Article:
“What we need before returning with humans to the Moon actually we can get mostly from orbit,” Griffin said. “The Lunar Reconnaissance Orbiter together with data to be returned by other Japanese, Indian and Chinese unmanned satellites — and we share this type of scientific data … is what we need to return to the Moon.”
Griffin said the agency simply cannot afford to do the “exciting and challenging lunar surface science and new technology experiments” parts of the space community would like it to conduct.
“There is much we can do with lunar robotic science but in a world of limited money, which is where we are right now, I will defer that until we have a little bit more. We do not, in short form, need it to go to the Moon,” Griffin said.
Griffin’s current stance puts the agency seemingly at odds with one of the core objectives of the Vision for Space Exploration that U.S. President George W. Bush rolled out in January 2004. In that landmark address, Bush called for sending “a series of robotic missions to the lunar surface” starting no later than 2008 “to research and prepare for human exploration.”
NASA began dropping hints late last year that it was considering scaling back its plans to precede human missions to the Moon with a series of robotic scouts, telling congressional staffers that, at least for the time being, LRO would be the only such mission the agency undertakes.
Then in early February, as the agency rolled out its 2008 budget request, Griffin told reporters that the lunar robotic program had been identified as a potential “bill payer” for a projected $900 million shortfall the agency faces over the next several years as it comes to terms with what it will have to pay Russia and others to deliver cargo and astronauts to the international space station.
NASA officials who talked on the condition of anonymity said that the death knell for the lunar robotic program was the so-called continuing resolution Congress sent to the White House in mid February, which funded most civilian agencies at their 2006 levels for the remainder of the year. While Congress did approve a budget increase for NASA’s Exploration Systems Directorate, it was $577 million short of the roughly $900 million increase NASA said it needed to keep development of the Orion Crew Exploration Vehicle and Ares 1 rocket on track without inflicting deep cuts on lesser-priority exploration programs.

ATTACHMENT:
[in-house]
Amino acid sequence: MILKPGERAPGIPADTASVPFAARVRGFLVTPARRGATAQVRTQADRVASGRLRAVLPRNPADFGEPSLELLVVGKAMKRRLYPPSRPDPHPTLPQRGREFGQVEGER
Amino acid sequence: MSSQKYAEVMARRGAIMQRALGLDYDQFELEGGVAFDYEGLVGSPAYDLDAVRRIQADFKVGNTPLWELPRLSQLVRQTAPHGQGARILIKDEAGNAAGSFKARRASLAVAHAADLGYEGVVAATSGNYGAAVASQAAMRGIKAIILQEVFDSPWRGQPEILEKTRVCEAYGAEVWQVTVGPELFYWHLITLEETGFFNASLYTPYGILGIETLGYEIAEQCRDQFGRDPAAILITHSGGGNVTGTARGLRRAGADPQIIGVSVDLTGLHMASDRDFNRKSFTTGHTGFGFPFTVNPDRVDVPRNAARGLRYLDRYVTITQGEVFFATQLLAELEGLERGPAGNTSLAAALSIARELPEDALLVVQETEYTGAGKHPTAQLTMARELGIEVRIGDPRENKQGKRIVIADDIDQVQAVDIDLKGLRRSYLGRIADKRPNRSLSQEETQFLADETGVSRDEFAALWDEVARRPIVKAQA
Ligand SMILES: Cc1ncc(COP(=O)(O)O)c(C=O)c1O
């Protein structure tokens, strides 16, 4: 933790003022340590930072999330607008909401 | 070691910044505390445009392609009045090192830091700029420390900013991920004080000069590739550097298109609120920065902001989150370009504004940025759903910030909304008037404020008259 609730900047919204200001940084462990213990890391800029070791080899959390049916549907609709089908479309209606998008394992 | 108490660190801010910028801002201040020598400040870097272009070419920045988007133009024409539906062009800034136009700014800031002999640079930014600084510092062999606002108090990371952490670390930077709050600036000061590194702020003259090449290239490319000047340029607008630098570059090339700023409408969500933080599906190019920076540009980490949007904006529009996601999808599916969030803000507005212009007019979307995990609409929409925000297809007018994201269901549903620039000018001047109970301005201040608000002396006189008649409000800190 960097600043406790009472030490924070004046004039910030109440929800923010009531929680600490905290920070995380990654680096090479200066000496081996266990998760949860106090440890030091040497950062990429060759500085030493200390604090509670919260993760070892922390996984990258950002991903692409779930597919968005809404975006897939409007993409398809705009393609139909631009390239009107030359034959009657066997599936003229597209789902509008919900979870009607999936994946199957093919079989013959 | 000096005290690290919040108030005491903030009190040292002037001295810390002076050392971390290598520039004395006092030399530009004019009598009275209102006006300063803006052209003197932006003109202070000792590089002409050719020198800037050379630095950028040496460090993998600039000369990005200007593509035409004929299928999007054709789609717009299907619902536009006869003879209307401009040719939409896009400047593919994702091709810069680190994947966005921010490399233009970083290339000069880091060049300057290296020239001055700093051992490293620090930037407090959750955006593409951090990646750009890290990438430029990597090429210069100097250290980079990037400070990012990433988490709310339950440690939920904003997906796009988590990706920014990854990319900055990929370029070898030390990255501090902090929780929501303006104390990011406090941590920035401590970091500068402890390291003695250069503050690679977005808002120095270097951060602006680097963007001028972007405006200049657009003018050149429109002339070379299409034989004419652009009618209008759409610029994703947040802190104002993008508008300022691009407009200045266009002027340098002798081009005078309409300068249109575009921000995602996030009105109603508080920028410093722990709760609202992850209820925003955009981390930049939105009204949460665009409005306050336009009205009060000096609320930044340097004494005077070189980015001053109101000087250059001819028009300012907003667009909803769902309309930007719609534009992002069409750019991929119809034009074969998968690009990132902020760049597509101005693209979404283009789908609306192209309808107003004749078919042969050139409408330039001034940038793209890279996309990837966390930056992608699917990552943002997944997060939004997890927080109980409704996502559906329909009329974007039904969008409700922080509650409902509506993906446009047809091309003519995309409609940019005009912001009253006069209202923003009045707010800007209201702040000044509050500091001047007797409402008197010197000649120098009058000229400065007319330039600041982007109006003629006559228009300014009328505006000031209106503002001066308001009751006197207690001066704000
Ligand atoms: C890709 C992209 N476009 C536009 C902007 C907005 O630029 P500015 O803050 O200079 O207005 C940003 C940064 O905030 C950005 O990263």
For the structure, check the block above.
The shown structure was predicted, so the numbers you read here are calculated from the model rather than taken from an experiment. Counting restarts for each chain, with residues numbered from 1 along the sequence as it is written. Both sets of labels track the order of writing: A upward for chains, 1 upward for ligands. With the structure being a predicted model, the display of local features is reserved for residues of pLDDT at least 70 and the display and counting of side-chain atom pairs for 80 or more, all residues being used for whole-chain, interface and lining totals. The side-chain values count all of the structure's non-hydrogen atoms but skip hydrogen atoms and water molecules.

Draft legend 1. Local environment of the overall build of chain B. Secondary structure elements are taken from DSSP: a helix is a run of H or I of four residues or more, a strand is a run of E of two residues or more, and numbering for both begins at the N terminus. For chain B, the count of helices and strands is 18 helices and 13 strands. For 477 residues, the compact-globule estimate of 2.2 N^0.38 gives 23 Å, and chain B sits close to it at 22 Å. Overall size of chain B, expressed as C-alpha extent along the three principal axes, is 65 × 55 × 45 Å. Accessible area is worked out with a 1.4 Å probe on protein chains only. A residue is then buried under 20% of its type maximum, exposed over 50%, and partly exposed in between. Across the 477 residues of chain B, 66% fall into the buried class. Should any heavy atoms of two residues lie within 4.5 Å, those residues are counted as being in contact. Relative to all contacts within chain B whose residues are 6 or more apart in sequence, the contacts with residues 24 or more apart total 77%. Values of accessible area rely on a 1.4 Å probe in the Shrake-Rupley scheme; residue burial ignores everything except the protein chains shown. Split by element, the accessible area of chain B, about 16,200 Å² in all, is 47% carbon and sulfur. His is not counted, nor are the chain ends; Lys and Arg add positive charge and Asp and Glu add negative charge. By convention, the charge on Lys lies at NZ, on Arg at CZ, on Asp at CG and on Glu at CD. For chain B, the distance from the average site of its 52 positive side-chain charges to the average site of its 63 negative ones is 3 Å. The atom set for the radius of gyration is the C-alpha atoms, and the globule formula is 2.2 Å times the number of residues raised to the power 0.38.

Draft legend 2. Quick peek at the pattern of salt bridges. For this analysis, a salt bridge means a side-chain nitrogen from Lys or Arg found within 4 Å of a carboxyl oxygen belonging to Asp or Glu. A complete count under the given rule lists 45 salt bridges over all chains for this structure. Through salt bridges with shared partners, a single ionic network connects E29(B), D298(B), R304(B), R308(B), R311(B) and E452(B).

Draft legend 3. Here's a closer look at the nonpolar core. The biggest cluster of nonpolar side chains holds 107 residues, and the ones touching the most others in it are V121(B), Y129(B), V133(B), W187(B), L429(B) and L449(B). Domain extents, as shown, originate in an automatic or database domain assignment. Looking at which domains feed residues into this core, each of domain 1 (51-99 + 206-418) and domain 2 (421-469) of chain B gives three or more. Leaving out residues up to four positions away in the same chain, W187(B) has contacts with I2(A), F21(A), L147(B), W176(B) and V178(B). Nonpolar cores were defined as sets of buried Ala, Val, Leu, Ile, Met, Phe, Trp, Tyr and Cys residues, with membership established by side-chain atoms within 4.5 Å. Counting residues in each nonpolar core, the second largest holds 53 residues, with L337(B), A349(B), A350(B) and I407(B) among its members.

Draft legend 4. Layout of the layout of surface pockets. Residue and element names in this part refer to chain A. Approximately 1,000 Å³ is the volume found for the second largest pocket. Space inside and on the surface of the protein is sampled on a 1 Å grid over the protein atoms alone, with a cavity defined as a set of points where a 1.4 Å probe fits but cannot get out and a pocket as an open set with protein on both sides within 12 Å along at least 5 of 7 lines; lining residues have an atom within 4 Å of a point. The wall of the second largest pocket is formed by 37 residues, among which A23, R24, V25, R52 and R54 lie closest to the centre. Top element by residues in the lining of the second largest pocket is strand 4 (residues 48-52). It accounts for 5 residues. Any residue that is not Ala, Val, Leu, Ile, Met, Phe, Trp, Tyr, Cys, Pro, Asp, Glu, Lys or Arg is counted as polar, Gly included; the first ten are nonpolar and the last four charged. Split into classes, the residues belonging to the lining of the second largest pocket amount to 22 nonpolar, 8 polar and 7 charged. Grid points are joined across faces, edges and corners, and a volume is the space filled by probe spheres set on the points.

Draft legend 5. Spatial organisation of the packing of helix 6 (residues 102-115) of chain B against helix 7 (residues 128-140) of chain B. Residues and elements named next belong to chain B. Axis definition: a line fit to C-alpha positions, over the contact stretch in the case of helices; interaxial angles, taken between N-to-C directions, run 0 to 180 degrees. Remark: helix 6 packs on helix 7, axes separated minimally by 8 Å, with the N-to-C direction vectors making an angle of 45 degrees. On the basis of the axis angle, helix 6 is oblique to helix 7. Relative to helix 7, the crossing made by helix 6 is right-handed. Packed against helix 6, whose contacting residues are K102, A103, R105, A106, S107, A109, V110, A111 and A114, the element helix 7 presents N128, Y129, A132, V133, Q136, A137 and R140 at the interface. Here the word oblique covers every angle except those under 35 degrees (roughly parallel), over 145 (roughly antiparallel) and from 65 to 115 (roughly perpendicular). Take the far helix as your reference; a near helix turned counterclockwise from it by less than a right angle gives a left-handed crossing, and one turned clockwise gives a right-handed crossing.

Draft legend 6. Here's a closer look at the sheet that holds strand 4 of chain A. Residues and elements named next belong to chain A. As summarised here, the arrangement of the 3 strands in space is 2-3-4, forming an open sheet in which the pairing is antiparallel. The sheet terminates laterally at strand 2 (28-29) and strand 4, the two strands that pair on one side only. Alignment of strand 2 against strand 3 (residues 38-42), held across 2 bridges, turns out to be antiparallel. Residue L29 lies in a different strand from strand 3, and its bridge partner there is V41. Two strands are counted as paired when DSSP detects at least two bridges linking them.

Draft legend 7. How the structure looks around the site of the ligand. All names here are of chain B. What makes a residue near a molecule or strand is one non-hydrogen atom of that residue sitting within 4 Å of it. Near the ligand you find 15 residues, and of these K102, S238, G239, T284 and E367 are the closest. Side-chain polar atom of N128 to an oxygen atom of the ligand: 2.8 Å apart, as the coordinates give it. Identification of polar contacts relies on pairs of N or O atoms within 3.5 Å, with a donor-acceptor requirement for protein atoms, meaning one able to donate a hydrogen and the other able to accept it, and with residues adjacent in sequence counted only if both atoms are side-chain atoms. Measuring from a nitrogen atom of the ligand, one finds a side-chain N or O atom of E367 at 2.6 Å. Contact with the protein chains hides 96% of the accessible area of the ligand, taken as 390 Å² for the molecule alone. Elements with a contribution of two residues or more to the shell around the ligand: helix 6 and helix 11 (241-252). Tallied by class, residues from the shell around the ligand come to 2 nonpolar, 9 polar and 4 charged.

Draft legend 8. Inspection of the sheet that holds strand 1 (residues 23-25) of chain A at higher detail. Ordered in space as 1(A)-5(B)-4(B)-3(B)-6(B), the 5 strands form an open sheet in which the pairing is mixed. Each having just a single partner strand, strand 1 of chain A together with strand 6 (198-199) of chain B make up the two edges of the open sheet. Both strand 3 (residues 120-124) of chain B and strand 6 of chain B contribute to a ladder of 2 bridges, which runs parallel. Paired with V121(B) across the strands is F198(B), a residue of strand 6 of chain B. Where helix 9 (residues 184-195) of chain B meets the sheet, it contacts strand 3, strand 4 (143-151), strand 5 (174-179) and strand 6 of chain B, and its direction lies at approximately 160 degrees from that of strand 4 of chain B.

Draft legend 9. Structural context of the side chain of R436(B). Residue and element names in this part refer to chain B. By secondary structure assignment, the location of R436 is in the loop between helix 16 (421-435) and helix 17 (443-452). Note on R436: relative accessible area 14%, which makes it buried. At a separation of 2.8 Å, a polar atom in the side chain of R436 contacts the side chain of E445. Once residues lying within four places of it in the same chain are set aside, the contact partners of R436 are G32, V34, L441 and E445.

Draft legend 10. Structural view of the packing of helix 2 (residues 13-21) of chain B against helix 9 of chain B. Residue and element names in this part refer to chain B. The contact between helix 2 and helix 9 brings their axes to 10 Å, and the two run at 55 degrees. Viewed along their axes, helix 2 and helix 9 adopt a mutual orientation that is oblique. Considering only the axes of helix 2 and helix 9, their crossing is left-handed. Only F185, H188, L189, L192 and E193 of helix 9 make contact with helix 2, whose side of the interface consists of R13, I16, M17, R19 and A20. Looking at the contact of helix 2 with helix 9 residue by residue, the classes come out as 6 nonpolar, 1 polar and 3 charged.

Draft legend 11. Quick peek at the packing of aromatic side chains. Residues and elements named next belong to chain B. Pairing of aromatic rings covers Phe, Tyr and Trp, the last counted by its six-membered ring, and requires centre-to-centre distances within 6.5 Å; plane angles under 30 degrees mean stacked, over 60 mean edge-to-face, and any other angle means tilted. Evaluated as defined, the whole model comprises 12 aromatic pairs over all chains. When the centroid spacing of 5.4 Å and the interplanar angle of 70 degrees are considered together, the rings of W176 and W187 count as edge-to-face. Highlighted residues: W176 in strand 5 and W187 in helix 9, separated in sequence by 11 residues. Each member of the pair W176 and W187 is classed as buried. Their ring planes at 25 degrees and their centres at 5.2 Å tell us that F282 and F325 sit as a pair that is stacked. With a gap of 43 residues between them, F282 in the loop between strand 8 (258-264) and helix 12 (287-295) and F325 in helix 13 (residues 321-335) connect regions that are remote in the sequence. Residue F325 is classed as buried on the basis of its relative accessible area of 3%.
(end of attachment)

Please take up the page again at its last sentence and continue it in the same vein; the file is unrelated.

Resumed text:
Benjamin Neuman, the lunar robotics program executive at NASA headquarters, said March 13 that NASA currently has “no hard requirements” for a lunar robotic program beyond LRO and as such has no other Moon-bound orbiters, rovers or landers currently “in the pipeline.”
Neuman declined to characterize the elimination of the APL-Marshall-led lander from NASA’s plans as a cancellation, saying that NASA made very clear to both organizations in April 2006 that it was seeking alternatives to the 2011 lander. Both APL and Marshall were deeply involved in that analysis of alternatives, performed as part of a broader lunar exploration planning effort that occupied the agency for much of last year.
When NASA finally unveiled its lunar architecture in December calling for building up a permanent outpost on the Moon starting with the first human mission, a series of robotic landers still figured in the plans, but were presented with the caveat that NASA might not be able to afford to do them.